I think I can eq it to be ok ( And I finally realized the switch on the damn thing) But the real issue is I find there is a strange kind of 'honk' that happens. Certain words will suddenly pop out with a very boxy tonality. Compression seemed to help but not really. And by the time I cut out those low mids, I get hiss. More than I'm used to.
Where do send these for repair and what is the cost?
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Dominick

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Re: EV RE20- wicked bump at 300-400 HZ ? ?
« Reply #7 on: April 24, 2008, 09:00:55 am »

EV repair costs have gone through the ceiling.
Before you assume it's broken, borrow another one to compare it to.

Many of your "criticisms" describe an RE20's sound exactly.
If a Beta 58 works for you on vocals, I'm not surprised you don't like the RE20.
Almost always satisfying on a bass amp & trumpet.
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Dominick Costanzo

gevermil

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Re: EV RE20- wicked bump at 300-400 HZ ? ?
« Reply #8 on: April 27, 2008, 11:31:34 am »

I think most EV mics Ive heard ( Except the RE55 ) Are big in the midrange . After using shure dynamics and cheapo condensers for awhile ev mics sound rolled off and honky - but once you build a mix with them and eq a little  it a great smooth sound .
well , in my opinion .  
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maarvold

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Re: EV RE20- wicked bump at 300-400 HZ ? ?
« Reply #9 on: May 02, 2008, 12:30:27 pm »

I don't know if the RE20 and the RE15 share the same capsule or not.  I would characterize my RE15's as 'chunky', but I wouldn't say they are excessive in the 300-400 area.  
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Michael Aarvold
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MagnetoSound

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Re: EV RE20- wicked bump at 300-400 HZ ? ?
« Reply #10 on: October 15, 2008, 11:20:50 am »

I have just reassembled an RE20 after replacing the foam.

Now, bearing in mind that I didn't really listen to this mic before I started (other than to ascertain that it was working at all), I am slightly surprised at what seems to be a rather low sensitivity.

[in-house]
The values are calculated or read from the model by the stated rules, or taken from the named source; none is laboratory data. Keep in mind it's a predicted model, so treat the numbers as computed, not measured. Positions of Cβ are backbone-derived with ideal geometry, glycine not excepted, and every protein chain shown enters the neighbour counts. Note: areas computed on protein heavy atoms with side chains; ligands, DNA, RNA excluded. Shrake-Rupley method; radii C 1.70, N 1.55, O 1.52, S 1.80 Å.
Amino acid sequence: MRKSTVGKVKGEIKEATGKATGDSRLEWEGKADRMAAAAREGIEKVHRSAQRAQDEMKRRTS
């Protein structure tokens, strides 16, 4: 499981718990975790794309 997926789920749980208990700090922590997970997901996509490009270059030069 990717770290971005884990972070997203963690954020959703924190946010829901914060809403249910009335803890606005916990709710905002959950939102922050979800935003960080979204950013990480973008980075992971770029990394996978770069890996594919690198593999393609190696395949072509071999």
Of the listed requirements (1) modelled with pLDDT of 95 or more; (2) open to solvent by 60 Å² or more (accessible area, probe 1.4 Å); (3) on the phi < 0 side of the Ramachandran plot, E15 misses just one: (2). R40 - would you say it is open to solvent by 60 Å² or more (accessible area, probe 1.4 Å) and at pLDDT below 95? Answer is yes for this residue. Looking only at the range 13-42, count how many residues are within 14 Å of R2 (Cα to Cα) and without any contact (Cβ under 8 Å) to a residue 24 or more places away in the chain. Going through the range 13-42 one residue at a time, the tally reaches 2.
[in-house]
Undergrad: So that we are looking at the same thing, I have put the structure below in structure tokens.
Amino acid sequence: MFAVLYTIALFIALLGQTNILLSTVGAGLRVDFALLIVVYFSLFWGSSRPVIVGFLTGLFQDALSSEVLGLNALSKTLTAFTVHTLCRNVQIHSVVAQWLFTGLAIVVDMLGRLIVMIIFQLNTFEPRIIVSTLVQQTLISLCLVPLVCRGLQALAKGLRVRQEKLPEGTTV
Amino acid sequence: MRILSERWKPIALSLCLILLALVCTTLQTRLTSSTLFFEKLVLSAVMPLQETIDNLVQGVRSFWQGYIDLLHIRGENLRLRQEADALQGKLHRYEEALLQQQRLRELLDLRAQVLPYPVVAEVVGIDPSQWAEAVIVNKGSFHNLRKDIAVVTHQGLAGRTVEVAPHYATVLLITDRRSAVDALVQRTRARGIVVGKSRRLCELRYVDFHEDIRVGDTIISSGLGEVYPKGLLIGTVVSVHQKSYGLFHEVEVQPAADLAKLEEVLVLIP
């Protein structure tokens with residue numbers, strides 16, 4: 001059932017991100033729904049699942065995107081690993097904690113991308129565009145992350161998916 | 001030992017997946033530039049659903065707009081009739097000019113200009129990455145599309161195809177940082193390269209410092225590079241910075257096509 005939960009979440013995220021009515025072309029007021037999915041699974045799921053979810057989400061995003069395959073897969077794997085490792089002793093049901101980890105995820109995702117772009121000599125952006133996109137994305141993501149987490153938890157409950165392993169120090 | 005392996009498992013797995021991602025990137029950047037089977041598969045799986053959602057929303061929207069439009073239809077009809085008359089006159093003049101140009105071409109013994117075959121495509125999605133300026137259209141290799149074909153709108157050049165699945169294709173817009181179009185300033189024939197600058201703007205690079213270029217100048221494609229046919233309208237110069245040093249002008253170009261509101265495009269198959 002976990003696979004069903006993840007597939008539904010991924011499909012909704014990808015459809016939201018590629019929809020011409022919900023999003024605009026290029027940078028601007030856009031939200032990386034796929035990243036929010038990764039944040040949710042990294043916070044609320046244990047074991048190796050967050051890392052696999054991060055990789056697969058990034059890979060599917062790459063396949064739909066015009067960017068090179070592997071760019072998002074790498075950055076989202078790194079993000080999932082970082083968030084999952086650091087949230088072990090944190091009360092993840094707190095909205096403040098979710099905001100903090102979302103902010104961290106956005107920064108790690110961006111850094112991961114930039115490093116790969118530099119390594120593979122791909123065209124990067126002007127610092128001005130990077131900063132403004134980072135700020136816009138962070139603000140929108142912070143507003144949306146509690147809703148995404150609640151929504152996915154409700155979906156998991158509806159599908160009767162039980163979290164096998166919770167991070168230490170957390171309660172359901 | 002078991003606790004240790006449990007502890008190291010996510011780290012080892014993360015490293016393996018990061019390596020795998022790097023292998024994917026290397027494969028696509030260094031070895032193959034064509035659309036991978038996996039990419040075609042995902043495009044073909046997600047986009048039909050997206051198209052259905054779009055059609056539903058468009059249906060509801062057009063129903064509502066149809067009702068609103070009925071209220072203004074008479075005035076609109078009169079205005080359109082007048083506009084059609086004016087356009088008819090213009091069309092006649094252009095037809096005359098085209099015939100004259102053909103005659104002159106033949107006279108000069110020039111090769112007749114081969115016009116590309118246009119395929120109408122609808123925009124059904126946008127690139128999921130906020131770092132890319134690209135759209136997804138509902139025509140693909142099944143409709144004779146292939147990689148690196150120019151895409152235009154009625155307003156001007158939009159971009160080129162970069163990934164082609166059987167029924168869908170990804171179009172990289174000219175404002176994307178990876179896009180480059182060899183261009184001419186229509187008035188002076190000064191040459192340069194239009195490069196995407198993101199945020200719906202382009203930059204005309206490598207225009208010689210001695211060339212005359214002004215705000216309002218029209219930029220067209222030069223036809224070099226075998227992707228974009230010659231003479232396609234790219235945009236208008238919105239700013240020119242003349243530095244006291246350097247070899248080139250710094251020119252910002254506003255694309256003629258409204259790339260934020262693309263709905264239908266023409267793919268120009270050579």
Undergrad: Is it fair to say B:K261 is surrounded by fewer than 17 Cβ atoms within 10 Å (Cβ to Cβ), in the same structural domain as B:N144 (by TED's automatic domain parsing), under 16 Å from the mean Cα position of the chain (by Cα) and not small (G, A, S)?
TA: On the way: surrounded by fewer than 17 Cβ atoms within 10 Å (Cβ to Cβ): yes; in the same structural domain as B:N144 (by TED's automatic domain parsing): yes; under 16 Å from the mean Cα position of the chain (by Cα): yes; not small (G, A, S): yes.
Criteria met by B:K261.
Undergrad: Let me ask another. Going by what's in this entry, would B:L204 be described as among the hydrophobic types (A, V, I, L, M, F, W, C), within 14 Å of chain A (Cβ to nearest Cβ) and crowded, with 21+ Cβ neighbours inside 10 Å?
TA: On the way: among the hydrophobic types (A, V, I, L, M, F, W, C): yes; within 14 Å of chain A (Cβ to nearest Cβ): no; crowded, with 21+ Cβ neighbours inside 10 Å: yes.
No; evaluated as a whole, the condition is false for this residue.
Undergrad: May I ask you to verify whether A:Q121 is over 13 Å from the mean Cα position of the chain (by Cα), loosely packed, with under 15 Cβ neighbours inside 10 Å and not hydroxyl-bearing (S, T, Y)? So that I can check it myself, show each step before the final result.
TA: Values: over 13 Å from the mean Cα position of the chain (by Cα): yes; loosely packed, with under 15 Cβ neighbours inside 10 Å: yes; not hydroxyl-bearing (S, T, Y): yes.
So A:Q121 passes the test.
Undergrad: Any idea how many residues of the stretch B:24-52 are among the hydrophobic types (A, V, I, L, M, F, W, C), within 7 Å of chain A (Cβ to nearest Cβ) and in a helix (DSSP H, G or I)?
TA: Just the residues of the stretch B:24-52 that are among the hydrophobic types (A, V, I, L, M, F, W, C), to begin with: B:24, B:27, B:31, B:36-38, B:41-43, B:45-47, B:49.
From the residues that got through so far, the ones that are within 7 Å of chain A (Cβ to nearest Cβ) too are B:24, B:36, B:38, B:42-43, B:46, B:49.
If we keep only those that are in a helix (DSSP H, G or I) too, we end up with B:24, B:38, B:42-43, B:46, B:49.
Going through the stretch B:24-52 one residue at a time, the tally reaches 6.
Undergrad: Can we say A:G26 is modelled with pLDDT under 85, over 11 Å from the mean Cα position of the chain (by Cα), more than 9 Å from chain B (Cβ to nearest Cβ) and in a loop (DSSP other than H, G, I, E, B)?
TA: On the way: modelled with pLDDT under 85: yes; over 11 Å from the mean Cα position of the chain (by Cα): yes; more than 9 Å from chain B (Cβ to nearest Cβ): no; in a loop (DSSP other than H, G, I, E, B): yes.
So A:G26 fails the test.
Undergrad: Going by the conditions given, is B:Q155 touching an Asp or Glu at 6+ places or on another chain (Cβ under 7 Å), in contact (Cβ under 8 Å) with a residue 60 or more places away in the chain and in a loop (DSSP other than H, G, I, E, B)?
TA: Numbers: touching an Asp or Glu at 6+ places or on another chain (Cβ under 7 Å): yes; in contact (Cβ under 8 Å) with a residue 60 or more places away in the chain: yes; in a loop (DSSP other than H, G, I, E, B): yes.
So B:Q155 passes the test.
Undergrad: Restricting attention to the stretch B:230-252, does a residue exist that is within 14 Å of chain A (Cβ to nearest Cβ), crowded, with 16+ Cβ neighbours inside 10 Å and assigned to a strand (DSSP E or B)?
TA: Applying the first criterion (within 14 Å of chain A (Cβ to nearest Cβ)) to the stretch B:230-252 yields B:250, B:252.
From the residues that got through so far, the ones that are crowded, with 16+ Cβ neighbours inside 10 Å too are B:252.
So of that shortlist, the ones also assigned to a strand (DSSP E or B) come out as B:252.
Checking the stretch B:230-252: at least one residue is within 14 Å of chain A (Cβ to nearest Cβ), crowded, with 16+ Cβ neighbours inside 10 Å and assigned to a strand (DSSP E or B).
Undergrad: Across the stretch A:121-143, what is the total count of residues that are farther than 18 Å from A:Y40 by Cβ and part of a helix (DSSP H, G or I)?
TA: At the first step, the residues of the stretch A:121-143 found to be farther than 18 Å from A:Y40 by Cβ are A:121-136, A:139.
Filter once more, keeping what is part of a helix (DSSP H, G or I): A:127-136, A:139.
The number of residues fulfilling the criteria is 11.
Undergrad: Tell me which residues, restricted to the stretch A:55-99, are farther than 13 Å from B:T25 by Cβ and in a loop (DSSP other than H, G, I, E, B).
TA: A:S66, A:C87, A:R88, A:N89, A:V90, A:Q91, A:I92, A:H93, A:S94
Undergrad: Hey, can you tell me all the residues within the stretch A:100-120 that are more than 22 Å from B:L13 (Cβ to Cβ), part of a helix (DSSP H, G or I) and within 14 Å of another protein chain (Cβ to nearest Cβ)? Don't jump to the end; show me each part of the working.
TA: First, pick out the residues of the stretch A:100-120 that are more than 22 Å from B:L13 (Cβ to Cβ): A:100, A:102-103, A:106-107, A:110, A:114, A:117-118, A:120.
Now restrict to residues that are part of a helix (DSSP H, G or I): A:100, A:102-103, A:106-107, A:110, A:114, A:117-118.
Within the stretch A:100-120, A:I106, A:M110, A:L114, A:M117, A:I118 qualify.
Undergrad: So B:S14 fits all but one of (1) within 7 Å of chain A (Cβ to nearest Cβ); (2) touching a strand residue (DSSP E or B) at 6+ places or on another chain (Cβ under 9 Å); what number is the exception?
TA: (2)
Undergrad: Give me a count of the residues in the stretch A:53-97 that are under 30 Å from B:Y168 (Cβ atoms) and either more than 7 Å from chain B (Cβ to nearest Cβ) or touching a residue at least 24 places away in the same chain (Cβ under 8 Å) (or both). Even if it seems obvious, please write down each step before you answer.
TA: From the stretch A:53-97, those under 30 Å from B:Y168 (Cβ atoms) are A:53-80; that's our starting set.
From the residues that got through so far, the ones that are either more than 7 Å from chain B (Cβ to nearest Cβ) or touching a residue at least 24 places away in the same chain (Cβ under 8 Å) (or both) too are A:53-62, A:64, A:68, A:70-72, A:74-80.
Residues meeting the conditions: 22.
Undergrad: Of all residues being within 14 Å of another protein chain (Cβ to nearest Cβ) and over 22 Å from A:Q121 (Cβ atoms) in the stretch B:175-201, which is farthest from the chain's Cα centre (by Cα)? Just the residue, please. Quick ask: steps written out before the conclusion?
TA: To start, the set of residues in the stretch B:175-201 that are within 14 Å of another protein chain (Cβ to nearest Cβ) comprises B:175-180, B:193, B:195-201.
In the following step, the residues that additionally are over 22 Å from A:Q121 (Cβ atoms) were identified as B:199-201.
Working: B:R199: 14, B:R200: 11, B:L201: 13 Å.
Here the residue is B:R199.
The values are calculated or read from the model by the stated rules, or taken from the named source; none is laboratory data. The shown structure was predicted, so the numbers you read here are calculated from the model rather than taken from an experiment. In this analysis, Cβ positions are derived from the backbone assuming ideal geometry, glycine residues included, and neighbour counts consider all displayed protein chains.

The spec is quite low, only 1.5mV/Pa so perhaps everything is as it should be. I have only used these before on loud sources, so I don't really have a comparison to make insofar as speaking into it.

Everything I've read in this thread so far seems to fit but I expected a bit more level out of it.



Dan
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Music can make me get right up out of my chair and start dancing or it can get me so pumped up I have to walk around the block.
It can also knock me back and make me sit there and cry like a little baby. This shit is as powerful as any drug!!!
- Larry DeVivo

Jim Williams

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Re: EV RE20- wicked bump at 300-400 HZ ? ?
« Reply #11 on: October 15, 2008, 11:55:30 am »

The results you get with a RE-20 are somewhat dependent on the preamp/loading. When I use it with a very fast solid state transformerless mic preamp with a higher input impedance, I hear a very smooth reponse. I hear no mid range build up. If anything, it sounds more like a condenser mic than any other dynamic I've used, if the loading is light and the preamp is transparent. Load it into a 1200 ohm transformer and all that will change.
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Jim Williams
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MagnetoSound

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Re: EV RE20- wicked bump at 300-400 HZ ? ?
« Reply #12 on: October 15, 2008, 12:04:48 pm »

Thanks for the info, Jim,

The preamp in question is a 1066, which is indeed at 1200 ohms, but would this account for the low level?

Considering that the mic is wired for 150 ohms output, shouldn't it be able to cope with a 1200 ohm load?

I'm thinking maybe this is just how they are - unless someone tells me it's not the case.

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Music can make me get right up out of my chair and start dancing or it can get me so pumped up I have to walk around the block.
It can also knock me back and make me sit there and cry like a little baby. This shit is as powerful as any drug!!!